Why I’m Opening Starting Strength Boston

by Arthur Frontczak | April 21, 2021

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Do you have the latest gadget? Does your vacuum clean the floor when you’re not there? Can your car park itself? How many screens can you watch a movie on at home? The latest technology always makes life “new and improved” … right? I believe the answer to that question is: it depends on our choices. And in my view we’re choosing convenience as an end unto itself without investing the time saved into meaningful endeavors.

The march towards “effortless living” continues. I can order anything online from my couch and have it arrive at my front door. Sometimes it comes the same day, which I find disturbing. At least I still have to walk from my couch to the door. I worry we’ve become so enamored with technology that an important truth got lost: not only can personal effort be a good thing, it’s essential for a healthy and meaningful life. Growth comes from effort which produces stress followed by recovery and adaptation. Sound familiar? It’s the cornerstone of the Starting Strength method. More on that in a minute.

I’ve had a long career in Information Technology (IT) management. What appeals to me most about technology is that it empowers people. Digital tools enable us to observe more, understand more, and accomplish more with less effort. And doing more with less can be a good thing. When I moved to Boston with my wife in 1996, for example, car trips were a two-person job. It took a driver behind the wheel and a navigator with a map (for us non-Boston natives, a printed spiral-bound map book) to get anywhere. Today I tell my iPhone where I want to go and the best route is plotted automatically. And it’s updated instantaneously if conditions change. Personal effort required = negligible. No more navigator. And soon no more driver either as vehicles will drive themselves.

I thought the point of technology was to minimize “non-beneficial” work, allowing us to invest time and energy in what’s valuable. We would choose to replace “low value” activity with that of higher value. Looking at our society, however, I see a lot of the first part but not very much of the second. We’re developing an ethos of “effort elimination” that exalts convenience and effortlessness above all else. Physical effort in particular, is looked upon with suspicion. Our online-centric world of efficiency and abstraction treats physical activity (like lifting weights) as crude, outdated, and even risky, especially when compared to more “evolved” mental and intellectual pursuits. More evolved?

I can say from personal experience that nothing stimulated my personal development more quickly than learning how to Squat and Deadlift. I came across Mark Rippetoe’s work when I was 50. I wish I had found it 30 years earlier! The Starting Strength program produces a wide range of long-term benefits. Your body becomes stronger than ever. Your mind learns what it’s like to accomplish something hard. It challenges your assumptions about what you’re capable of as a person. You become a bit more grounded, more humble and a little wiser. Is strength training the only way to grow as a person? Of course not, but in my experience it’s the most broadly accessible. Weightlifting is beneficial from your teenage years into retirement. It produces the widest benefit per hour spent. Strength is foundational to life. Our body doesn’t define who we are, but it is the instrument through which our life is lived. Rip was right when he said: “Humans are not physically normal in the absence of hard physical effort.” I can’t cite scientific studies that show strength training adds years to your life, but anyone who strength trains can testify that it adds more life to those years.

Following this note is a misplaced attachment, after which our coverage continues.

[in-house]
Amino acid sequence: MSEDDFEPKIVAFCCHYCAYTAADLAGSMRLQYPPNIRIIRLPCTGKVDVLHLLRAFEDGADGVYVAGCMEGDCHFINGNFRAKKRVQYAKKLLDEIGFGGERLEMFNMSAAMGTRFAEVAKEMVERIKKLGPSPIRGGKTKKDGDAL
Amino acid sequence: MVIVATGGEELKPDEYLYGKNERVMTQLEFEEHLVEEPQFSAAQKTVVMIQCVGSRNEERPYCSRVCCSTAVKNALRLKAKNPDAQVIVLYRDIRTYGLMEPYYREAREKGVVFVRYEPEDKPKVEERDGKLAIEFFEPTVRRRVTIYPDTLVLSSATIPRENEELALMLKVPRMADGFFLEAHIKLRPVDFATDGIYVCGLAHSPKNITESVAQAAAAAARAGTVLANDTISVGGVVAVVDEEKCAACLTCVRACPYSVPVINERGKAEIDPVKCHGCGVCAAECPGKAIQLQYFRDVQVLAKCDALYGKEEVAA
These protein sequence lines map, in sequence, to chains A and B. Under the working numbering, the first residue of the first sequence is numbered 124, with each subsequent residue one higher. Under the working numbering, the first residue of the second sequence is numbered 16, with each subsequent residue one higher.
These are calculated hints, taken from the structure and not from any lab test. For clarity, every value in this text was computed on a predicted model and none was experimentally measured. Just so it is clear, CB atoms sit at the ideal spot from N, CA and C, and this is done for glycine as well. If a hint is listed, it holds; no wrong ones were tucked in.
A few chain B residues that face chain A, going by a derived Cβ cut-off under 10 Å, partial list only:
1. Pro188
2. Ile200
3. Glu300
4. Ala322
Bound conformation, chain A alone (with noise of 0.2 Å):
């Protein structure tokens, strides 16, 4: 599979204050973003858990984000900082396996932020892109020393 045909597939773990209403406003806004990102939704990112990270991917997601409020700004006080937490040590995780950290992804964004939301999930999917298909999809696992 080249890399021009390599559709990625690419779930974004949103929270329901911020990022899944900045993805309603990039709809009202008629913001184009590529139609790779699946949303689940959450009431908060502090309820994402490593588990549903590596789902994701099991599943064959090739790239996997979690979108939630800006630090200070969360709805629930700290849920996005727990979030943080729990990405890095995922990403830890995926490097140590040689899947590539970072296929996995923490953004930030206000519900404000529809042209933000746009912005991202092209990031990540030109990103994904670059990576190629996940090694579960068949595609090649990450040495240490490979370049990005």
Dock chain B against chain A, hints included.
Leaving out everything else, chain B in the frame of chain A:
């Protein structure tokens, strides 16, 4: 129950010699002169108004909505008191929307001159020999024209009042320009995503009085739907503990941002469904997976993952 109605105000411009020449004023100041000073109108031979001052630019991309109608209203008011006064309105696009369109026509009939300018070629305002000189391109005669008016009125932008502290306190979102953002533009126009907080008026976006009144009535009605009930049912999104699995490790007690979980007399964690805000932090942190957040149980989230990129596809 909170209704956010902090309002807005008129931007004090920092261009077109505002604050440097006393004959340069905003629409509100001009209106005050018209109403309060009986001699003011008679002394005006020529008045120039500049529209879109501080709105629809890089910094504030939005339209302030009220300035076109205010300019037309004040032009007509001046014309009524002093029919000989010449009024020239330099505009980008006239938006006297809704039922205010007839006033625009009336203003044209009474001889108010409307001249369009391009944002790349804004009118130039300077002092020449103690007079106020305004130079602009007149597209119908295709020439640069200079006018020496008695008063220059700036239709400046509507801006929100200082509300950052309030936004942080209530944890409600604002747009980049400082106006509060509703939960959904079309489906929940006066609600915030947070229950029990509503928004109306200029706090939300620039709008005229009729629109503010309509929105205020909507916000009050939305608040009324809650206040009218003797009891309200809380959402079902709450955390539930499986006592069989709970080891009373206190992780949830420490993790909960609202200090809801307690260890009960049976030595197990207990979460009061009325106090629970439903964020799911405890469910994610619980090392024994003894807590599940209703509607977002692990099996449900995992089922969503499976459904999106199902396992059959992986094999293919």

I’ve used technology to help people become more efficient and save time for over 20 years. Now I’d like to help you spend some of that time. I’m opening Starting Strength Boston to change the world with the most complete and effective strength training program in existence. I believe our collective health and well-being depend on it.

So add up all of that time you’re not waiting in lines at the bank (thank you, online banking), not driving to stores (thank you, online shopping), and not commuting into work (thank you, remote working). Use it to transform yourself in a Starting Strength Gym. Our coaches and gym have everything you need. If you give us a try, I bet you’ll wish you started sooner.

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